We’ve re-posted this special Guest Blog because its that good, and updated it with a fantastic video interview with Kelly and Tom Yorton, Authors of the definitive book on improv in business — “Yes, And.” If you’re in business, improv can help. Full stop. For more about LMA’s Professional Development programs visit: www.LMA.Training
There is a story from the early days of The Second City — around 1961 — a Coca Cola executive sought out the newly celebrated improv artists of The Second City to get their creative minds working around a new slogan for their popular soft drink. Legend has it that The Second City troupe took a week to come back with their brand new idea: “Fuck Coke.”
The worlds of improvisational comedy and business were not so well aligned back in those days. But by the 1980’s — when I first started working at The Second City — the idea that the skills that make one an adept improviser could also be useful in the workplace was just beginning to take hold.
Today, we have a thriving corporate services division — Second City Works — that provides training and content for more than 300 clients each year — most of which are Fortune 1000 companies. And while we may be the biggest and most well known player in the improv/business world — many, many other companies are sprouting up who preach the gospel of “Yes, And” to those who are looking to be more collaborative, innovative and attuned to a marketplace where “feedback” is a given — whether business are asking for it or not.
We’ve been out promoting our book (“Yes, And: Lessons From The Second City) and over the course of the hundreds of radio, television and print interviews we’ve been lucky enough to amass, one common truth has emerged. A truth we actually didn’t name in the book we wrote it.
When individuals enter the workplace, they check their human-ness at the door.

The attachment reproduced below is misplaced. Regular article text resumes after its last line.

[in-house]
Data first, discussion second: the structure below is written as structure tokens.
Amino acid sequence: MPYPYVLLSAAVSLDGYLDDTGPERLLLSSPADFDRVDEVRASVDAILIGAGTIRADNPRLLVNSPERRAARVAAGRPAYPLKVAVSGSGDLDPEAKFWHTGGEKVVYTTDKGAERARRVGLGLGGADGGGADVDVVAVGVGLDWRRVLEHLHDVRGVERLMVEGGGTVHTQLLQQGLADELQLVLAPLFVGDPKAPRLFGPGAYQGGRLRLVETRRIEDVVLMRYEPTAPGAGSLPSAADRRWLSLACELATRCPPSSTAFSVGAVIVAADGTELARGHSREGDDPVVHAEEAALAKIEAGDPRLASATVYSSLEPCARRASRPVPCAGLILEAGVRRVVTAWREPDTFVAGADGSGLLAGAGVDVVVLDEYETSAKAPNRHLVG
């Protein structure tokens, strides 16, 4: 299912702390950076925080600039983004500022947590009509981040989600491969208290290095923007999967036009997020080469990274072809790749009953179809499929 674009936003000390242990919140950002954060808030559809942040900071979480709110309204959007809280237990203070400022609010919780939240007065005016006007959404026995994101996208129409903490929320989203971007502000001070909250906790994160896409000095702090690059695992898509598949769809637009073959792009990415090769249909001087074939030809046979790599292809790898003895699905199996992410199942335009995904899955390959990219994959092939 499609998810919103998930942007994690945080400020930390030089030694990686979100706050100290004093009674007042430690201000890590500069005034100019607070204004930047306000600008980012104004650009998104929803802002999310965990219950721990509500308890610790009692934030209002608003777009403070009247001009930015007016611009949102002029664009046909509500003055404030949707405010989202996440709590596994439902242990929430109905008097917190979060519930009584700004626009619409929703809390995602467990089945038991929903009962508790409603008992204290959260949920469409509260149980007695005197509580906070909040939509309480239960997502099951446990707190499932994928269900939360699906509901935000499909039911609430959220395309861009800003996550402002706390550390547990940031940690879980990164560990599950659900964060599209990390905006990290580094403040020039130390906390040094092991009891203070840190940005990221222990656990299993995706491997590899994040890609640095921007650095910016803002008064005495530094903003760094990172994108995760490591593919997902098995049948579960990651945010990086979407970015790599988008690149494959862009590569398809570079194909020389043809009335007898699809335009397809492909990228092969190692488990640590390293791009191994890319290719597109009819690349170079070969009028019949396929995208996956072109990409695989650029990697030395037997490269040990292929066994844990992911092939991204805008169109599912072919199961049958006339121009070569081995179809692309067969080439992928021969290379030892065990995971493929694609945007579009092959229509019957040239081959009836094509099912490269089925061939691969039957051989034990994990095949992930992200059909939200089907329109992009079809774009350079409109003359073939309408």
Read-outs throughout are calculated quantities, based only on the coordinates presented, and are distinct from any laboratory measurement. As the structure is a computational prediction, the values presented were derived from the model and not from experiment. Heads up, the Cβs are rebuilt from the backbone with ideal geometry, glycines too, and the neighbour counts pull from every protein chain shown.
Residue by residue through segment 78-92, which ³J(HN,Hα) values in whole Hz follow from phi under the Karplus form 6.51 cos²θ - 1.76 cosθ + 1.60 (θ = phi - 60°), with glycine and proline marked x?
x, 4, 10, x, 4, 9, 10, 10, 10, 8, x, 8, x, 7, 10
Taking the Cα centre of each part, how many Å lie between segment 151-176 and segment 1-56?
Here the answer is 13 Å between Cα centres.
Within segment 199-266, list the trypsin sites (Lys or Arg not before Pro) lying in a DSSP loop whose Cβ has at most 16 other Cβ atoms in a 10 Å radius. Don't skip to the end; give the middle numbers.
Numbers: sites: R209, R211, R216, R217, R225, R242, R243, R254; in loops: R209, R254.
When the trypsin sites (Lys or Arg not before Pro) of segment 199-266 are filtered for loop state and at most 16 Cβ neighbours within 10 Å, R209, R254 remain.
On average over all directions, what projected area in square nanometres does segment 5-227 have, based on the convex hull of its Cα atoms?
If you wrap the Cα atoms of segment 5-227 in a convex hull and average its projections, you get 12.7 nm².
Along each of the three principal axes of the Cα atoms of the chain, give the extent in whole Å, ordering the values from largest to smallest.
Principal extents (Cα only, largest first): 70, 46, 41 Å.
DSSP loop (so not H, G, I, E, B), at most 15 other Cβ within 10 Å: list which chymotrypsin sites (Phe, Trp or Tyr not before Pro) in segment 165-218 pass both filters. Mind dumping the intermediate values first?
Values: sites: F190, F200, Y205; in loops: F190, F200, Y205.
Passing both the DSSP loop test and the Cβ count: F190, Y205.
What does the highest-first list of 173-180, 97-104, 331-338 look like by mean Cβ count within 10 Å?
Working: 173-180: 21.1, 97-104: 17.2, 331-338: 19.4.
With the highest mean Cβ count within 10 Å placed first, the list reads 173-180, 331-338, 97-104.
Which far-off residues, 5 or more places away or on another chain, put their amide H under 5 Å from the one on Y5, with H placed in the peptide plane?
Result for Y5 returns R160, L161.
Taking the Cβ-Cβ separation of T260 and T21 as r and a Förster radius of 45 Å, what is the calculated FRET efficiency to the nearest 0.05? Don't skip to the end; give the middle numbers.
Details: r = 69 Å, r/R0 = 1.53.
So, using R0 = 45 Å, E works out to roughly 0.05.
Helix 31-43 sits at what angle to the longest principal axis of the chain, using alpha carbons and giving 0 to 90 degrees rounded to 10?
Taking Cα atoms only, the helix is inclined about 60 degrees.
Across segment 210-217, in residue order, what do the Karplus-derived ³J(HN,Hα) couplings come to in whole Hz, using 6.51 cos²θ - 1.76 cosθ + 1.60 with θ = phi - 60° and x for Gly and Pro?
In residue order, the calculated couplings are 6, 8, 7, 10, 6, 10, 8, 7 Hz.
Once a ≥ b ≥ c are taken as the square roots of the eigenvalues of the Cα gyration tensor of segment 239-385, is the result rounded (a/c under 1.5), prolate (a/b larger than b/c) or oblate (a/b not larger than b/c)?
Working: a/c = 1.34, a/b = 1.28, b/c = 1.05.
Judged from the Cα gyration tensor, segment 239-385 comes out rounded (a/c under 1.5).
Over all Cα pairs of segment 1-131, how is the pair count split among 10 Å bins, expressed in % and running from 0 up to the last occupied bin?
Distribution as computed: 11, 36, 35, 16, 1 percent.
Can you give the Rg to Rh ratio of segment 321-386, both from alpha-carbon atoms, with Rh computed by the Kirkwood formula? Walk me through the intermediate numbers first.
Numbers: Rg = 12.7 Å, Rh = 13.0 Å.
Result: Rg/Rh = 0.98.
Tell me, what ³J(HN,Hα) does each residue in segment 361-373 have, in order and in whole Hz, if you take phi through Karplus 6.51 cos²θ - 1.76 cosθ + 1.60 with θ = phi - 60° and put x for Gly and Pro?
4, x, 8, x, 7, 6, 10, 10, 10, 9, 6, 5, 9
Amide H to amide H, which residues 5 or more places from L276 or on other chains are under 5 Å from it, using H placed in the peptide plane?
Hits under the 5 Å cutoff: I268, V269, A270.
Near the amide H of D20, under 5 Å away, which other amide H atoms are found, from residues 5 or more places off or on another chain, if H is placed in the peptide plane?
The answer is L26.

The things that makes us human beings, such as: vulnerability, fallibility, the ability to trust, love, feel passion and look foolish — it’s anathema to the individual at work.
How did this come to be?
Wouldn’t an individual looking to succeed at their job want to bring their whole personal tool-kit to the task at hand? The breadth of our experiences; the ability to engage in deep and meaningful relationships; the resilience in the face of failures — all of these wonderful human traits are rarely embraced in the course of the working day.
Except — most often — by those that are successful. And improvisation — in it’s methodologies and practices — speaks to getting the most out of individuals working in groups.
In short, Improvisation is yoga for your social skills.
We all understand the need to go to a gym to workout your muscles. How can we assume that all those other muscles — like listening, empathizing, and relating — will be maintained or improved if they aren’t put into practice.
That’s what improv does. It puts us into practice of tending to the so-called “Soft Skills.”
And that’s what businesses of all sizes are starting to understand. It’s why we were hired by Major League Baseball to work on their rookies program; it’s why we were brought to the Wharton School of Business to teach our 7 Elements of Improvisation; and it’s why advertising agencies routinely pay for their creatives to take classes at our Training Centers in Chicago, Toronto and Los Angeles.
Although it was ultimately rejected by our publisher, our book was originally titled “The Revolution Will Be Improvised.” Because… the revolution has started.